Put up a fence.
If you have a swimming pool at home, put a fence around it on all four sides. The fence should be at least 4 feet tall. Also, consider using self-closing and self-latching gates that open outward. All gate latches should be higher on the fence than a child can reach. Additionally, consider adding alarms to the gates that signal if a gate has been opened. You may also want to add a floating pool alarm that sounds when someone enters the water.
Things to consider
According to the CDC, the most common victims of drowning are children under 5 years old and people between 15-24 years old. Children under 1 year old most often drown in a bathtub, a bucket, or the toilet. Children between 1-5 years old usually drown in a swimming pool or hot tub. People between 15-24 often drown in natural bodies of water, such as lakes and rivers.
Also, more males than females drown. And you’re more likely to drown if you’re black.
What does drowning look like?
Unlike what you may have seen on TV or in the movies, people who are drowning often don’t splash around and yell for help. Instead, drowning can be a quiet, quick process. Once a person is in danger, he or she can drown in less than a minute.
When someone is drowning, their body’s instincts take over. The person will use all their strength to keep their head above water. Often that means their head will be tilted backward and their mouth will be open to get as much air as they can. They will usually keep their arms out at their sides to try to keep floating. Also, their body will typically be straight up and down in the water. Most times, they won’t kick as all their energy is going to staying above water.
Someone who is drowning will usually bob up and down in the water. Their head, especially their mouth, may go under water repeatedly, then come back above the water.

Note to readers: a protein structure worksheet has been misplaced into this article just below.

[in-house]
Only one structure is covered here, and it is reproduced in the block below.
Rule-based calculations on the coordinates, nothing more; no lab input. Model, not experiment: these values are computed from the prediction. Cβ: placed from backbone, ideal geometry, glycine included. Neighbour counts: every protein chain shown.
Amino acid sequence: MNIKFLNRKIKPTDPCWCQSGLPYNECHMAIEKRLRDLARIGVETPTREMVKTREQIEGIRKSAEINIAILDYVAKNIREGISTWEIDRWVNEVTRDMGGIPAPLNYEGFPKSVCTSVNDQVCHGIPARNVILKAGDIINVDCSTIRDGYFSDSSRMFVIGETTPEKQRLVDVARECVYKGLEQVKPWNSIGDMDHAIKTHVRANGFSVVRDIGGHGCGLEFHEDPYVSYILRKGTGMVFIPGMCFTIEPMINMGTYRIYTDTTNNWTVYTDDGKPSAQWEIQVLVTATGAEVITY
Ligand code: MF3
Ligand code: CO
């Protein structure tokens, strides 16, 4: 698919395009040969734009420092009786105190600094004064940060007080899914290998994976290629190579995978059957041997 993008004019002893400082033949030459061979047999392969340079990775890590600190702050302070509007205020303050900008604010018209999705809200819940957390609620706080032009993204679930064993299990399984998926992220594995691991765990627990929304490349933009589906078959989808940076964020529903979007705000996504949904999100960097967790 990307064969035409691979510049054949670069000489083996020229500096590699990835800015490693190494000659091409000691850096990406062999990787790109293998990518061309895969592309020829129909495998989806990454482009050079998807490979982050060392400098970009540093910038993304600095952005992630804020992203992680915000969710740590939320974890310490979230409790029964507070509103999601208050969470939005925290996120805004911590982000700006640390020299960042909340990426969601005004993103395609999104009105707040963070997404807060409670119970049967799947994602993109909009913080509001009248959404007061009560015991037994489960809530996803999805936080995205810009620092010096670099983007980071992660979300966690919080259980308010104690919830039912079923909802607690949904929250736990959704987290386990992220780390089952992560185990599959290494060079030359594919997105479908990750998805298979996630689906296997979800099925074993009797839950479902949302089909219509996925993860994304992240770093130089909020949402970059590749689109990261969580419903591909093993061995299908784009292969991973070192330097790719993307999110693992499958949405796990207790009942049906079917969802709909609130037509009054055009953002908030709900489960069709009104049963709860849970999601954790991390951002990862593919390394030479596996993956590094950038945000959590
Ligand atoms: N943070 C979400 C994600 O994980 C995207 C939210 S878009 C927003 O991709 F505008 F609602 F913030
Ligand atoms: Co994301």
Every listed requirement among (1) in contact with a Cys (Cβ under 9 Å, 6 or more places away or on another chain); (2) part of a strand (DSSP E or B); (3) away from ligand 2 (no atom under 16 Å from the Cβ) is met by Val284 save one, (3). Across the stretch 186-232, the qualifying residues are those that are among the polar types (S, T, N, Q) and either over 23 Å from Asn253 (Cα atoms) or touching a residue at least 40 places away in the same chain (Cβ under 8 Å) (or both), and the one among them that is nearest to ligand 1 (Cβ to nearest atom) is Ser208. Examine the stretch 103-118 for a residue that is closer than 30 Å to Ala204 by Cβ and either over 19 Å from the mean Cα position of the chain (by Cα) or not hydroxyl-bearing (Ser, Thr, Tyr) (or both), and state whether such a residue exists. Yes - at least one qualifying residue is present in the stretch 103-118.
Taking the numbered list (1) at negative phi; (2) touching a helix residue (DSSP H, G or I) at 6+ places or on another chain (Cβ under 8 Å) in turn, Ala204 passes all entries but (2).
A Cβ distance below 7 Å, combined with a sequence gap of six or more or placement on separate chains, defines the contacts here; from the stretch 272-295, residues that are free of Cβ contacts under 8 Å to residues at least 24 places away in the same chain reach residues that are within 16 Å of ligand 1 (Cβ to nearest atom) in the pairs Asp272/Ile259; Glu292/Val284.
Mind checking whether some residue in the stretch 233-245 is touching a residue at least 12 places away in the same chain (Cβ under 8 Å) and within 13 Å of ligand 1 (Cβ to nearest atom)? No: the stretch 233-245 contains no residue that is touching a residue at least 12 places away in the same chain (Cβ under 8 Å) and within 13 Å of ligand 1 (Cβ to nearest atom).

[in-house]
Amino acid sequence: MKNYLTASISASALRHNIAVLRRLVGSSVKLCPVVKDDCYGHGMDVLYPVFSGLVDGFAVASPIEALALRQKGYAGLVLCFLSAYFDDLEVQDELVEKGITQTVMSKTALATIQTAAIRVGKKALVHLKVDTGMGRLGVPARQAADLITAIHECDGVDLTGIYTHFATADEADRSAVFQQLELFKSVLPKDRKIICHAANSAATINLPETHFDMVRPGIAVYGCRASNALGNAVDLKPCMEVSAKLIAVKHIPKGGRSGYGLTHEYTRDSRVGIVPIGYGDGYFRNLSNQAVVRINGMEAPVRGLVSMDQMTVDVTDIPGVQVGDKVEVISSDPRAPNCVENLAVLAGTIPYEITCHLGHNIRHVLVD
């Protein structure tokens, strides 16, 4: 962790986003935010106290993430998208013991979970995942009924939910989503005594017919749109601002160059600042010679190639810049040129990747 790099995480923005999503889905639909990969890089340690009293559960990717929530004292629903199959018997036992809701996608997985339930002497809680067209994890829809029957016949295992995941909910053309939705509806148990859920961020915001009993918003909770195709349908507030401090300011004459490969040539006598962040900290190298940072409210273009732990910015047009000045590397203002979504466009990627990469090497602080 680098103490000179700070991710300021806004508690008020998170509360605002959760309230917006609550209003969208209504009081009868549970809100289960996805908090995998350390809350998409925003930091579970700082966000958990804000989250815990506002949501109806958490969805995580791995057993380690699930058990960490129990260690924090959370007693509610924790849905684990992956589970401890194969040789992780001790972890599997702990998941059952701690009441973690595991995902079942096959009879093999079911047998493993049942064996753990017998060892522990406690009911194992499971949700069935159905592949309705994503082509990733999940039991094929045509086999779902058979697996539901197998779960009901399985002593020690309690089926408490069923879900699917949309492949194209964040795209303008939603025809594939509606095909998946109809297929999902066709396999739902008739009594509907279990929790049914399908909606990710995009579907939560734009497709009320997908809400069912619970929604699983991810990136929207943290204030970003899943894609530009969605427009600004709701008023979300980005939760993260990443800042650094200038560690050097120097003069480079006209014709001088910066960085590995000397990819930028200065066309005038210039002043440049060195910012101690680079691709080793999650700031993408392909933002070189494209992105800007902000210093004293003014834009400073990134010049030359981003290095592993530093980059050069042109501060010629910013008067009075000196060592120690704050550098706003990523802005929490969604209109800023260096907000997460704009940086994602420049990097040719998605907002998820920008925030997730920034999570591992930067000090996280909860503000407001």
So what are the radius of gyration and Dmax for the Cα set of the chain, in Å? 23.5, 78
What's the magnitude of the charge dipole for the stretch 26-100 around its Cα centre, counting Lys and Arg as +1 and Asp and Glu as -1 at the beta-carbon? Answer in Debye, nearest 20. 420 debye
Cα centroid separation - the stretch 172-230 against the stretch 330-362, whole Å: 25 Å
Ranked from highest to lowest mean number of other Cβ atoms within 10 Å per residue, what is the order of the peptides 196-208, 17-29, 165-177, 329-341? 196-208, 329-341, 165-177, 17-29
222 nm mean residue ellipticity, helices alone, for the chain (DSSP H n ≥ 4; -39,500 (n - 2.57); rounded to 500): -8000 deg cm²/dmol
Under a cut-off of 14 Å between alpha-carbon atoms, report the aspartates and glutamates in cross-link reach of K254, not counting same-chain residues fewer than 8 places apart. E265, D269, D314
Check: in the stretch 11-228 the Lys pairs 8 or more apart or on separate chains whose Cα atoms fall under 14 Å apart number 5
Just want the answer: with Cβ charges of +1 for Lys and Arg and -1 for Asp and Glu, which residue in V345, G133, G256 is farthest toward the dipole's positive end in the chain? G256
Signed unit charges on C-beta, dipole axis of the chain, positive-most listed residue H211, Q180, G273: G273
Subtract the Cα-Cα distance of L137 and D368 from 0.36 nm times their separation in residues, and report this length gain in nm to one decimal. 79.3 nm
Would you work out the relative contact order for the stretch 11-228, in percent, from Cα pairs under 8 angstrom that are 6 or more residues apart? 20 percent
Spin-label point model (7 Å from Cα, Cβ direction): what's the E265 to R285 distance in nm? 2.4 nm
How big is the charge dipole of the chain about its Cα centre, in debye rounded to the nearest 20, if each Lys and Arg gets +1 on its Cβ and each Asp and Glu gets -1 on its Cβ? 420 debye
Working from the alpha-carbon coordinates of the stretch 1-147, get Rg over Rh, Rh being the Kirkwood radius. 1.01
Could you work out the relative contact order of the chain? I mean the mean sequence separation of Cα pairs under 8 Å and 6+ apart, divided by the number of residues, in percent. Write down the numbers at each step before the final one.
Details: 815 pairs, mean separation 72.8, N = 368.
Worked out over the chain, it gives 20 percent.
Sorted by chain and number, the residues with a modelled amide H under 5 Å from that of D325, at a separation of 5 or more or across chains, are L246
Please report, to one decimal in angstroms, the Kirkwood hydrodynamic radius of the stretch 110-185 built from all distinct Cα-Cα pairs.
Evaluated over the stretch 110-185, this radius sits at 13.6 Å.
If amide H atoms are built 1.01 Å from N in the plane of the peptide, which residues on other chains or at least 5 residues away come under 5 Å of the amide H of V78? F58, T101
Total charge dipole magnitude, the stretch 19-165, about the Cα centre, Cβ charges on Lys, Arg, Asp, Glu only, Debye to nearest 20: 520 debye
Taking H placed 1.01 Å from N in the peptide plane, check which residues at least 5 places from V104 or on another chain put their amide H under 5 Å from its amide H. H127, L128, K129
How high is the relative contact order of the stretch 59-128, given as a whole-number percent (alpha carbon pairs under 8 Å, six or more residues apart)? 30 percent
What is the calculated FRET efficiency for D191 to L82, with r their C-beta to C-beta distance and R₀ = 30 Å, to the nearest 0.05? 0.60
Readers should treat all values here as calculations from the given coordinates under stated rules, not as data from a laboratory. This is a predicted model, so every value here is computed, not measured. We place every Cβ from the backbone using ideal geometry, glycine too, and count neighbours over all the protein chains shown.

A drowning person typically doesn’t yell for help as all their energy goes in to keeping their head above water. Therefore, you need to pay attention to someone who is quiet in the water. It may be a sign they need help.
How to help someone who is drowning
If you see someone drowning, follow these steps.
- Stay calm.
- Yell out for someone to call 911.
- Check your surroundings. If you’re at a swimming pool, are there life preservers nearby? Is there something can throw out to the person to grab on to while you pull them to the side? If so, toss the item so it’s close enough for the victim to easily reach. Then pull them back to the side.
- If the person is far into the water, you may want to swim out to them to help. Only do this if you’re an expert swimmer. Come up behind the person and grab them under their arms. Kick with your legs to get them back to safety. However, be careful not to let the person grab you. In panic, he or she may pull you under water, too.
- Once the person is out of the water, begin CPR. Additionally, anyone who has almost drowned needs to see a doctor right away for an exam.
Questions for your doctor
- How old does my child need to be before I enroll him or her in swimming lessons?
- Where can I take adult swimming lessons?
- Where can I learn CPR?
Copyright © American Academy of Family Physicians
This information provides a general overview and may not apply to everyone. Talk to your family doctor to find out if this information applies to you and to get more information on this subject.